Conduct Assessment for dummies part 1
In this short video we look at Conducting Assessment for dummies part 1.
Links used in this video clip.
SAQA Website: www.saqa.org.za
TRAINYOUCAN Video Blog: www.youcantrain.co.za
See our video online here: http://youtu.be/19dPI_hqL6U
Traditional education, also known as back-to-basics, conventional education or customary education, refers to long-established customs found in schools that society has traditionally deemed appropriate.
OBE – (Outcome Based Education)
Methods of outcome-based education (OBE) are student-centered learning methods that focus on empirically measuring student performance (the “outcome”).
-You can perform the job. (We refer also to the outcome of the actual skill.)
-Someone assessed you physically to ensure you can do the job.
-Evidence was collected to provide proof that you competent.
NYC (Not Yet Competent)
-You can’t perform the job. (There might be one small part that you missed)
-You cannot perform the outcome or the skill on your own.
-Some of the evidence could not be collected as proof that you can perform the function.
-Get an opportunity to re-visit the learning any try again on another assessment.
NQF (National Qualifications Framework)
The National Qualifications Framework (NQF) is a Framework on which standards and qualifications, agreed to by education and training stakeholders throughout the country, are registered. It came into being through the South African Qualifications Authority Act (No. 58 of 1995, Government Gazette No. 1521, 4 October 1995), which provides for ‘the development and implementation of a National Qualifications Framework’.
Recognition of Prior Learning is a process whereby people’s prior learning can be formally recognised in terms of registered qualifications and unit standards, regardless of where and how the learning was attained. RPL acknowledges that people never stop learning, whether it takes place formally at an educational institution, or whether it happens informally.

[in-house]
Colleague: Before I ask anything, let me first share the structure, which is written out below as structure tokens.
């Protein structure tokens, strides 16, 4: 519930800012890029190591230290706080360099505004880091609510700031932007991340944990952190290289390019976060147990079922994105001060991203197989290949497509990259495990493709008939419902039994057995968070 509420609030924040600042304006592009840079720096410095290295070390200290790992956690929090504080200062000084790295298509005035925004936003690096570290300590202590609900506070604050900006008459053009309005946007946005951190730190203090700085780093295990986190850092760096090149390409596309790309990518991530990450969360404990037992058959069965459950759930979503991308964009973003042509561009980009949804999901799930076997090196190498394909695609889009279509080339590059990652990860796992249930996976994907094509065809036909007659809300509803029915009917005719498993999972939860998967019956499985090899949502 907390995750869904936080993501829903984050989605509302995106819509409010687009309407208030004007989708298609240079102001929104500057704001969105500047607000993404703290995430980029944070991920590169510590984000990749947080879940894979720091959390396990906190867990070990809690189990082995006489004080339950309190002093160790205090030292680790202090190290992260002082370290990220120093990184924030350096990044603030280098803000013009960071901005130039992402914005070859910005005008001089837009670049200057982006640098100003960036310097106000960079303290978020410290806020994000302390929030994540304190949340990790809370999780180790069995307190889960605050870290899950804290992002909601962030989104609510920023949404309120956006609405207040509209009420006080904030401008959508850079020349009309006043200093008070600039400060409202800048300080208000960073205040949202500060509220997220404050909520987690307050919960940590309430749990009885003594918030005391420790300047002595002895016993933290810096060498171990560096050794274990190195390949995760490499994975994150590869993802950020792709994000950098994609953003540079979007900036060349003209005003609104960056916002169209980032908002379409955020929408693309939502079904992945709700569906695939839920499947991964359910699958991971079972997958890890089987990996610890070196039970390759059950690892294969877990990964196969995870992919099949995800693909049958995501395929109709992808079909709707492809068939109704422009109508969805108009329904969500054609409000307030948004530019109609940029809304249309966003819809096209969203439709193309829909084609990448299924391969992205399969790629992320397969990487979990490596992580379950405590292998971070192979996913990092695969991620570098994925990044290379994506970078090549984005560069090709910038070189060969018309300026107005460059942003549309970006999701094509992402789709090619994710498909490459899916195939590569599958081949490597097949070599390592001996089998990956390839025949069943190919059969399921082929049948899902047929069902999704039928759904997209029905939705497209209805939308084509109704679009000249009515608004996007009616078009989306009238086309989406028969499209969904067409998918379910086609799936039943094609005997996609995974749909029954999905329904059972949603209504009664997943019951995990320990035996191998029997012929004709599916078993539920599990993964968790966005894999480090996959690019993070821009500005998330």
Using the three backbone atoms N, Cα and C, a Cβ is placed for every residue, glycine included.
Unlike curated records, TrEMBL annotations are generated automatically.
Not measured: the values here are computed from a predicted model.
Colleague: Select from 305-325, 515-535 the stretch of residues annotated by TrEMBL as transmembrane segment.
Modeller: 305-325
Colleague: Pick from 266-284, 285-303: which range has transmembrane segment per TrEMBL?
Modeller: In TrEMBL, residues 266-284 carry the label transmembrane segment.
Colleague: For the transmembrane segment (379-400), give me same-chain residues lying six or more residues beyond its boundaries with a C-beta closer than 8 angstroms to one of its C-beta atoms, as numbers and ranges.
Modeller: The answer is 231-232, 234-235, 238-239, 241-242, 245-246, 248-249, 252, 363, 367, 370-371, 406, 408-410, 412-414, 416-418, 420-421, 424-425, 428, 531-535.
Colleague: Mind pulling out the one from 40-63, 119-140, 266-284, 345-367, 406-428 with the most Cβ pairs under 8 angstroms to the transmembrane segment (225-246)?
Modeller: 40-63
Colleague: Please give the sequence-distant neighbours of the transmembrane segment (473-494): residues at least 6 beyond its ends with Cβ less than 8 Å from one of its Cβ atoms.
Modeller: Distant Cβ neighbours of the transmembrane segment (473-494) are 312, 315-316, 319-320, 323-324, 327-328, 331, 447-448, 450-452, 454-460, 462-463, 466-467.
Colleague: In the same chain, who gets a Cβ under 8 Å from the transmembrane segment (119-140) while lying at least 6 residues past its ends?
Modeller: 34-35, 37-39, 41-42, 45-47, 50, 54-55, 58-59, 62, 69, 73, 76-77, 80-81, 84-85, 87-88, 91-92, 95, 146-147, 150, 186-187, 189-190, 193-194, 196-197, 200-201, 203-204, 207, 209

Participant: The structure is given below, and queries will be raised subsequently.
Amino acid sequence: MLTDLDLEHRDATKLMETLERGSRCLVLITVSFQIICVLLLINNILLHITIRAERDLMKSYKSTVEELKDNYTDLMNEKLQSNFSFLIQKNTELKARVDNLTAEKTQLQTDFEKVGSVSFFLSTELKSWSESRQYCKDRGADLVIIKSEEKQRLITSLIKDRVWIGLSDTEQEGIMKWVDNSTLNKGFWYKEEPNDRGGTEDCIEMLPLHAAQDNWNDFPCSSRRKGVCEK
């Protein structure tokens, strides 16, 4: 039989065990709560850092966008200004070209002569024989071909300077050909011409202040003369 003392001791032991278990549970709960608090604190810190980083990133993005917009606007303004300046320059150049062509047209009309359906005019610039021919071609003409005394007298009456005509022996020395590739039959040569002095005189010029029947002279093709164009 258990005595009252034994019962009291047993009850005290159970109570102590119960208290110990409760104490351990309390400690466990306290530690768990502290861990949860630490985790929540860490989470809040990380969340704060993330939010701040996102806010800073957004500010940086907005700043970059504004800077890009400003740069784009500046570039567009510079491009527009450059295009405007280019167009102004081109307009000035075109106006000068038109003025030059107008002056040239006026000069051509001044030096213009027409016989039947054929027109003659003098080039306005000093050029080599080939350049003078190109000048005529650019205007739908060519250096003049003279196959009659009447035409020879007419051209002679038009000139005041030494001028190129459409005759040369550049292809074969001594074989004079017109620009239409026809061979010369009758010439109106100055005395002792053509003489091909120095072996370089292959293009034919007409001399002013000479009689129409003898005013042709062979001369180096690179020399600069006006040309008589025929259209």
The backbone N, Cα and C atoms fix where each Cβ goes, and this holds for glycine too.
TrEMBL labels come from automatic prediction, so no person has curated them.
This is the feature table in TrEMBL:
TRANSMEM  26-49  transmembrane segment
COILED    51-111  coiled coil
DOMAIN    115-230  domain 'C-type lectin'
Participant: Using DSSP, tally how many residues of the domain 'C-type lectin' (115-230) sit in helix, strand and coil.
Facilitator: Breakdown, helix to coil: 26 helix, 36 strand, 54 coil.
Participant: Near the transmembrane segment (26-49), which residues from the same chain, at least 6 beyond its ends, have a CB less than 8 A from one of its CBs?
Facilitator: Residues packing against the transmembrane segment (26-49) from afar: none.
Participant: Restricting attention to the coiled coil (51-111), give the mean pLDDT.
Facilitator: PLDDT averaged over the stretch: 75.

The process of RPL is as follows:
- Identifying what a person knows and can do;
- Matching the person’s knowledge, skills and experience to specific standards and the associated assessment criteria of a qualification;
- Assessing the learning against those standards; and
- Crediting the person for skills, knowledge and experience built up through formal, informal and non-formal learning that occurred in the past
KEY PRINCIPLES OF ASSESSMENT
|Appropriateness||The method of assessment must be suited to the performance being assessed.|
|Fairness||The method of assessment must not present any barriers to achievements, which are not related to the evidence.|
|Manageability||The methods used must make for easily arranged, cost-effective assessments that do not interfere with learning.|
|Time efficient||Assessments must not interfere with normal daily activities or productivity.|
|Integration into work or learning:||Evidence collection must be integrated into the work or learning process where it is appropriate and feasible.|
|Validity||The assessment must focus on the requirements laid down in the standard; i.e. the assessment must be fit for purpose.|
|Direct||The activities in the assessment must mirror the conditions of actual performance as closely as possible.|
|Authenticity||The assessor must be satisfied that the work being assessed is attributable to the person being assessed.|
|Sufficient||The following questions can guide the assessor.
|Systematic||Planning and recording must be sufficiently rigorous to ensure that assessment is fair.|
|Open||Learners must contribute to the planning and accumulation of evidence. Assessment candidates must understand the assessment process and the criteria that apply.|
|Consistent||The same assessor must make the same judgement in similar circumstances.
The judgment made, must be parallel to the judgment which would be made by other assessors.
|FORMATIVE ASSESSMENT||SUMMATIVE ASSESSMENT|
|• Designed to support the teaching and learning process
• Assists in the planning future learning• Diagnoses the learner’s strength and weaknesses• Provides feedback to the learner on his/her progress• Helps to make decisions on the readiness of learners to do a summative assessment
• Is developmental in nature
• Credits/certificates are not awarded
|• At the end of a learning programme
(qualification, unit standard, or part qualification)• To determine whether the learner is competent or not yet competent• In knowledge and inputs-based systems, this usually occurs after a specified period of study, e.g. one year• In OBET, learner-readiness determines when assessments will take place• Is carried out when the assessor and the learner agree that the learner is ready for
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